Electrical Power from Wastewater Sludge


The U.S. generates 8 million dry metric tons of sludge each year. The costs of disposing this sludge are roughly $2 billion dollars annually and the EPA spends about 1/5th of their budget ($1.4 billion dollars) on wastewater management. For individual wastewater treatment plants (WWTP), ‘dewatering’ the sludge is one of the primary operating costs. This, combined with a renewed focus on conversion of biosolids to fuel, has led to new and innovative approaches to wastewater processing. Drs. Chuck Coronella and Victor Vasquez at the University of Nevada-Reno have come up with an alternative wastewater processing system named Sludge to Power (S2P) that produces electricity onsite from dried wastewater biosolids, while eliminating a waste stream of millions of tons per year per plant. The EPA estimate that 60,000 dry metric tons of sludge are produced annually in Nevada alone, which could turn this into 11 megawatts of power.

Benefits & Advantages

  • Enables renewable energy production
  • Less energy consumed compared with traditional drying systems
  • Greatly reduced footprint for overall wastewater drying process
  • Significant cost reduction

Technology Overview

Existing dewatering techniques include the use of decanter centrifuges or plate and frame filter presses, as well as polymer coagulants, to decrease the moisture content of the sludge, from 96-98%, to 70-85% prior to disposal. The high moisture content of the sludge, even after dewatering, results in extremely high disposal costs with the combined cost of treatment and disposal of solids being up to 50% of the total WWTP costs. The S2P technology uses the WWTP biosolids as a renewable fuel source for power production as an alternative to landfill or other disposal methods. Dry biosolids from WWTPs have an energy content of approximately 20 MJ/kg, about the same as soft coals mined in the United State. The biosolids contain compounds that can be mostly volatilized through gasification with the syngas being used for power production in a commonly available combustion turbine or internal combustion engine. Gasification significantly reduces the amount of solids that require disposal with only 6.5% of the biosolids leaving the gasification unit as ash and charcoal.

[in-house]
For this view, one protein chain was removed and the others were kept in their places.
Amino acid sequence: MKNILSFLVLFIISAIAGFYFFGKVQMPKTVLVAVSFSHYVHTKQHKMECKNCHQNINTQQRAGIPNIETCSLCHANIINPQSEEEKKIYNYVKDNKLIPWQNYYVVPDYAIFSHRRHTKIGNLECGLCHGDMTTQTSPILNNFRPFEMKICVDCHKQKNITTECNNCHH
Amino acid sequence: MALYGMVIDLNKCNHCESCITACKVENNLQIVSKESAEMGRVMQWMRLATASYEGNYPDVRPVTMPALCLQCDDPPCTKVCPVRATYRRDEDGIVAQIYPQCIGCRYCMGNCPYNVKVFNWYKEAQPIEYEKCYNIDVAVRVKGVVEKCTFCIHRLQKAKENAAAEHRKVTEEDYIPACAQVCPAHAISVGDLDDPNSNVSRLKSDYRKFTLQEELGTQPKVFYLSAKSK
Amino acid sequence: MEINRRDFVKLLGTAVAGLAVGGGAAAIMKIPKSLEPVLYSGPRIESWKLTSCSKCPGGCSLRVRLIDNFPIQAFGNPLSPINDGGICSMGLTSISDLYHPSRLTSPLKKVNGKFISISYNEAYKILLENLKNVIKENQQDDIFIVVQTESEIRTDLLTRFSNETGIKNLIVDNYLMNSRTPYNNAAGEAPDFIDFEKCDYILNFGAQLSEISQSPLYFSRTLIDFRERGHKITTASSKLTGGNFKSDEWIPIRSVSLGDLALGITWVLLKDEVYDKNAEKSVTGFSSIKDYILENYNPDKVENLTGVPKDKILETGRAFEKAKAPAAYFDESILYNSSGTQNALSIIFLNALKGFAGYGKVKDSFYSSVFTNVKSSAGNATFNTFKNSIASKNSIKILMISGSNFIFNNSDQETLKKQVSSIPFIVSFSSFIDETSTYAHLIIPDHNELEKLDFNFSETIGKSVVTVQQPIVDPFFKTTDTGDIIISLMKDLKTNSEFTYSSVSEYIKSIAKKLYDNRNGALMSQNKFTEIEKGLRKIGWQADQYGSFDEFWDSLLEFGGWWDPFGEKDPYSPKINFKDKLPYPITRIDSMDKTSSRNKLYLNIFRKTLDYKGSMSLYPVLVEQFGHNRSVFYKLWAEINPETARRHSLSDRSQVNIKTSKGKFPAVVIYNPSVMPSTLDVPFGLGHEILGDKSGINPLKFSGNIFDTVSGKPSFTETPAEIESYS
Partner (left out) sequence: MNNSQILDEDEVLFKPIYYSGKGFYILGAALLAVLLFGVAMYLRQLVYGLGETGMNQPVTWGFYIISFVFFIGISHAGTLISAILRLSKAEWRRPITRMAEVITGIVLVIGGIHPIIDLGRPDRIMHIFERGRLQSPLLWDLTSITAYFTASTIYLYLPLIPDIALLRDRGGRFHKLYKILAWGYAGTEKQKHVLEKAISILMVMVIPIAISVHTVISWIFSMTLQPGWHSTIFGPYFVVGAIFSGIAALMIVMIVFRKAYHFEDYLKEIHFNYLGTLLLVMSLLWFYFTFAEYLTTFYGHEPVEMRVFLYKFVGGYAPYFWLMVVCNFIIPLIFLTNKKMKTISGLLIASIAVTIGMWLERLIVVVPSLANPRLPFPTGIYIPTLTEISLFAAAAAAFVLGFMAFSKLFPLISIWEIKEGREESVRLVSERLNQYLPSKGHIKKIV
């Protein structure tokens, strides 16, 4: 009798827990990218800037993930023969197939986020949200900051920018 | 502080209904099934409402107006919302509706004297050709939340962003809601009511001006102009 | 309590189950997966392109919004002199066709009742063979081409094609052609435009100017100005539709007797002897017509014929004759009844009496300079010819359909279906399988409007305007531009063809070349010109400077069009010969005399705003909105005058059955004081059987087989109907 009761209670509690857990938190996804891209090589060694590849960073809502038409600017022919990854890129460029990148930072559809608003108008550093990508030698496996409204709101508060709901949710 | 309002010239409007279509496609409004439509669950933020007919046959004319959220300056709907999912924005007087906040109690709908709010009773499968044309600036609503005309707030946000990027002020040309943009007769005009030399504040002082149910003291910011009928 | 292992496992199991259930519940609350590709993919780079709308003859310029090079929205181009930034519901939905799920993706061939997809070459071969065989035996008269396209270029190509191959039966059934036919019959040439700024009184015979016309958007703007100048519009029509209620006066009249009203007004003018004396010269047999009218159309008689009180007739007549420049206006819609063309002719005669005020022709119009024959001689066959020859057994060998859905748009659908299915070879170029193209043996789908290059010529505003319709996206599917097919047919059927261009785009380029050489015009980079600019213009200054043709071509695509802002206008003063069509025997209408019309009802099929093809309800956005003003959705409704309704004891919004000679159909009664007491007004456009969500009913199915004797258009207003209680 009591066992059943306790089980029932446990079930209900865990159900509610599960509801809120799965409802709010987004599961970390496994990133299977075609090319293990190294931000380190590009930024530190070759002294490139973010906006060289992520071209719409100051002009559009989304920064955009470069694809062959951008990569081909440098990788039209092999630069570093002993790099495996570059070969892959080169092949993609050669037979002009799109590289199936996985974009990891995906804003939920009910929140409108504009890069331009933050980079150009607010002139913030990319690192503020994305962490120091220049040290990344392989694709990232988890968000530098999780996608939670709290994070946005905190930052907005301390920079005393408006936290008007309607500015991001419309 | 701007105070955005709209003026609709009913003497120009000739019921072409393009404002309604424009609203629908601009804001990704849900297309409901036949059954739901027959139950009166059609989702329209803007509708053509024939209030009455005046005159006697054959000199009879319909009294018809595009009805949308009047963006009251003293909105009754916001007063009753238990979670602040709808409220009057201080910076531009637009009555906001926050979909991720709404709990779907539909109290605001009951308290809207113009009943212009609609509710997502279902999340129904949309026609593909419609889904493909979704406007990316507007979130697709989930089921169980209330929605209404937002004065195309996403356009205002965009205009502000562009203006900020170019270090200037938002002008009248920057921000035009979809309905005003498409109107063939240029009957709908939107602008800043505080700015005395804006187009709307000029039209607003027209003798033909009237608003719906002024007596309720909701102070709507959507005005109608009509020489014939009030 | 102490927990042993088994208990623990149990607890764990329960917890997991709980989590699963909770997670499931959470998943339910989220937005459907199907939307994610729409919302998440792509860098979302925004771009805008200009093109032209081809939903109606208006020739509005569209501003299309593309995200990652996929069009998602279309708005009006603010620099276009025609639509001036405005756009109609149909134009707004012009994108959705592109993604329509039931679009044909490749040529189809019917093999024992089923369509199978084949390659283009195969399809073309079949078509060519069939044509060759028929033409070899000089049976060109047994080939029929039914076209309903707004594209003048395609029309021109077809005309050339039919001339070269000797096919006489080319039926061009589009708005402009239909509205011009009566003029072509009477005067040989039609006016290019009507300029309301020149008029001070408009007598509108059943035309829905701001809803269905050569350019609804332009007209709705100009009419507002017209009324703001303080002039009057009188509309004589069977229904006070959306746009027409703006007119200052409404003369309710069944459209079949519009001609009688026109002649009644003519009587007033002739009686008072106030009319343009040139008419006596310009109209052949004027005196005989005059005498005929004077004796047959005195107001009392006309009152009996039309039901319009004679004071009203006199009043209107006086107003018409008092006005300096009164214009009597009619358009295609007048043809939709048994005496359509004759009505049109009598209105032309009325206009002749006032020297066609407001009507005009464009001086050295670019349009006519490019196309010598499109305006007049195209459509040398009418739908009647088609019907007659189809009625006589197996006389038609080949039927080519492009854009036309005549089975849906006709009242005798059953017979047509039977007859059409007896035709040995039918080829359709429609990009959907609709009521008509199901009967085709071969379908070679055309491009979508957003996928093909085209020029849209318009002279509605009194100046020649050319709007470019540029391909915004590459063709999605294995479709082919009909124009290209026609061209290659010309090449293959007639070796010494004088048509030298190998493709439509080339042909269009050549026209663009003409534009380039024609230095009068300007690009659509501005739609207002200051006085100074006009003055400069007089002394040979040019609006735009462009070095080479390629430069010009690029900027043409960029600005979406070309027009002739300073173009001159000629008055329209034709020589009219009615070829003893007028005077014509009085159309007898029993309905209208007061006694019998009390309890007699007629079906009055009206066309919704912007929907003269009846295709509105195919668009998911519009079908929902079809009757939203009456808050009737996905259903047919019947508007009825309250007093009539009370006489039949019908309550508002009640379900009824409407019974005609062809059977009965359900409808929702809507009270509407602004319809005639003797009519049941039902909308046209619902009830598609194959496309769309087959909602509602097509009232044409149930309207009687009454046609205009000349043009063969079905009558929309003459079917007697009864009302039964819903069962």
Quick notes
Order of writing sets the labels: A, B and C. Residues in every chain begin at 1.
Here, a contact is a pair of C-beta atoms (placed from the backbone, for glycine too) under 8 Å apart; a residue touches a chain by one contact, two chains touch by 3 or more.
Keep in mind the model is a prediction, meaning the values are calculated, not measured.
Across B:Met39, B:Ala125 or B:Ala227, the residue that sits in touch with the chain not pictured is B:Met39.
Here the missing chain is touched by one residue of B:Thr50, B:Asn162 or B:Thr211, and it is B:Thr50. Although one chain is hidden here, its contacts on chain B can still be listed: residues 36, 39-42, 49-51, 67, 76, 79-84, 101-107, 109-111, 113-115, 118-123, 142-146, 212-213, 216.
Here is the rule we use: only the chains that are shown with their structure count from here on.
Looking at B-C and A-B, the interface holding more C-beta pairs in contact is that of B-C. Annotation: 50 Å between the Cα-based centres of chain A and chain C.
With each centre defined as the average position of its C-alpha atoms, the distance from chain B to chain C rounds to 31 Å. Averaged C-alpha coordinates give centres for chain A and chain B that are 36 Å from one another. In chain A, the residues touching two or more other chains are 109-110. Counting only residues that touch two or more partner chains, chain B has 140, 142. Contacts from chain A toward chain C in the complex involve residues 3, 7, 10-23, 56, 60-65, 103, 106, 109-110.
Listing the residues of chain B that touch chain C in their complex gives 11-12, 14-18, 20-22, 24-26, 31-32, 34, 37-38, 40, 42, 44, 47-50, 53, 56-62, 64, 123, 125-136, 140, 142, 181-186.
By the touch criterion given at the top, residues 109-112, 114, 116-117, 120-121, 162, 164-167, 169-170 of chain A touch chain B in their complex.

Through traditional means, including coagulants, flocculants, filter press, centrifugation, etc., moisture in wastewater sludge can be brought down to about 70-85%. Incineration and landfilling are two common techniques for disposing of sludge, but the costs of both are greatly exasperated by the presence of more than 50% water. Drying to lower moisture levels requires expensive drying techniques. Dried sludge is a fuel, similar to soft coals with a heating value of 8600 Btu/lb. It can be converted to renewable power by gasification and combustion. Each ton per day of 80% moisture can be converted to about 10 kWe. In other words, a plant that generates 100 tons per day of wet sludge can convert an expensive disposal problem into 1 MWe of renewable power, leaving only 6 tons per day of dry inert ash to for disposal. Sludge2Power is the name of our new cost-effective, renewable, energy-efficient, process for reducing moisture from 70-85% down to 5-10%.

Intellectual Property

UNR ID#: UNR08-023
Title: System and Method for Energy Production from Sludge
U.S. Publication #: US-2010-0043445-A1


Patent Information:
For Information, Contact:
Dan Langford
Technology Commercialization, Manager
University of Nevada, Reno and Desert Research Institute
Charles Coronella
Victor Vasquez
Renewable Energy